// Asos calls for implementation of mandatory human rights due diligence legislation
// Such legislation would ensure that retailers take steps to protect vulnerable people in supply chains
// This would require retailers to disclose their actions and be held to account for taking them
Asos has called for the implementation of mandatory human rights due diligence legislation in the UK in an effort to boost the 2015 Modern Slavery Act.
The online fashion retailer also said it has become the first fashion brand to include external NGO commentary in its fifth Modern Slavery Statement.
Such legislation, currently being developed by the European Commission for the EU, would ensure that companies take steps to prevent and mitigate risks and protect vulnerable people within supply chains.
This would also require retailers to disclose these actions and be held to account for taking them.
Asos chief executive Nick Beighton said the retailer would support such legislation to drive up standards, alongside targeted interventions such as a UK garment manufacturer licensing scheme.
Anti-Slavery International has acted as a “critical friend” and advised Asos on its modern slavery policies, in-country programme work and practices since 2017.
Asos’ fifth Modern Slavery Statement covers the modern slavery risks identified and actions taken by Asos from February 2020 to January 2021.
“We’re proud to have today published our fifth Modern Slavery Statement and to have continued our commitment to transparency, honesty and openness in our reporting,” Beighton said.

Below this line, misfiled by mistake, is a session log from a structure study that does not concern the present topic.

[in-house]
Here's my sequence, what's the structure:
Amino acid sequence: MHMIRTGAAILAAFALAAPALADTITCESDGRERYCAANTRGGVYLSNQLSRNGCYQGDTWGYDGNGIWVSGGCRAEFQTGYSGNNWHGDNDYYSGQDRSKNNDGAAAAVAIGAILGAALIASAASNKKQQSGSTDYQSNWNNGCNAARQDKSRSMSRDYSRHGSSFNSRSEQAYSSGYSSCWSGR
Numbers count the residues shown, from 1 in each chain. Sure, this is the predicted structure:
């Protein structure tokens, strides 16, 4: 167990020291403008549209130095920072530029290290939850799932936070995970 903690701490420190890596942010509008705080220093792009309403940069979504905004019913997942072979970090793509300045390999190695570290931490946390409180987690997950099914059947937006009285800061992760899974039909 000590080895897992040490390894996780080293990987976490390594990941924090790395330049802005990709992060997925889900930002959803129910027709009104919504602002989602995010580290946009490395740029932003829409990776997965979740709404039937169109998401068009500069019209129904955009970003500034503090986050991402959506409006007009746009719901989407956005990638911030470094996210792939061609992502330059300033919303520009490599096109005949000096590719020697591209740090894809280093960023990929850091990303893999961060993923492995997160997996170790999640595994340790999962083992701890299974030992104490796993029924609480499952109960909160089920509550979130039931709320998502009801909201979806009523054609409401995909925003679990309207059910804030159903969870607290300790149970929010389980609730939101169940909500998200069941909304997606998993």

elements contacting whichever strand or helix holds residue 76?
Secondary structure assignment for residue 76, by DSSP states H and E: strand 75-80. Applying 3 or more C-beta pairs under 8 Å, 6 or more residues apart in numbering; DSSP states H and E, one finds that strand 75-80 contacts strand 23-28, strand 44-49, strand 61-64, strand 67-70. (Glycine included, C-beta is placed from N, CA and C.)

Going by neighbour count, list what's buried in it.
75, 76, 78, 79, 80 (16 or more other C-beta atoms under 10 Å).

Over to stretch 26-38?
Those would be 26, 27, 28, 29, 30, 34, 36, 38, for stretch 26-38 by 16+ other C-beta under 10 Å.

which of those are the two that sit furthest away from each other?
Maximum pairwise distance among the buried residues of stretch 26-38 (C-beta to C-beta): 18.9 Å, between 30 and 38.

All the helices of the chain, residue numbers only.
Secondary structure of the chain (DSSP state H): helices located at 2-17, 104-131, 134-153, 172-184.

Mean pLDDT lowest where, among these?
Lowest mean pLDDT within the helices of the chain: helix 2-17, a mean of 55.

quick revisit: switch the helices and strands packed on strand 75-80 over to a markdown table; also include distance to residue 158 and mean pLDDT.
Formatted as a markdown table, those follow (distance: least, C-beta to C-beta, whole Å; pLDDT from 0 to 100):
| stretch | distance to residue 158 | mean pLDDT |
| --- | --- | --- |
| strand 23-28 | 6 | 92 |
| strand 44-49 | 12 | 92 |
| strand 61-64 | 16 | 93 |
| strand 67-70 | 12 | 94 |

“There is absolutely no place for modern slavery in today’s world, and after an incredibly challenging year for the fashion industry and for garment workers worldwide, all companies and brands must now share the risks they have identified and the actions they have taken to ensure we can work together to deliver effective change.
“We’re incredibly grateful to Anti-Slavery International for providing commentary and constructive challenge for this year’s statement and look forward to continuing our partnership as we seek to drive further change over the years to come.”
Anti-Slavery International chief executive Jasmine O’Connor said: “We’re proud to be working with Asos to encourage the company to make sure its customers can be sure their clothes aren’t tainted by human rights abuses.
“We welcome Asos’ call for a new UK law to hold companies to account when they fail to prevent human rights abuses.
“We hope other UK companies across all sectors follow Asos’ leadership, and that the UK government responds to the growing calls from civil society, trade unions and business to go beyond the Modern Slavery Act and introduce stronger laws.”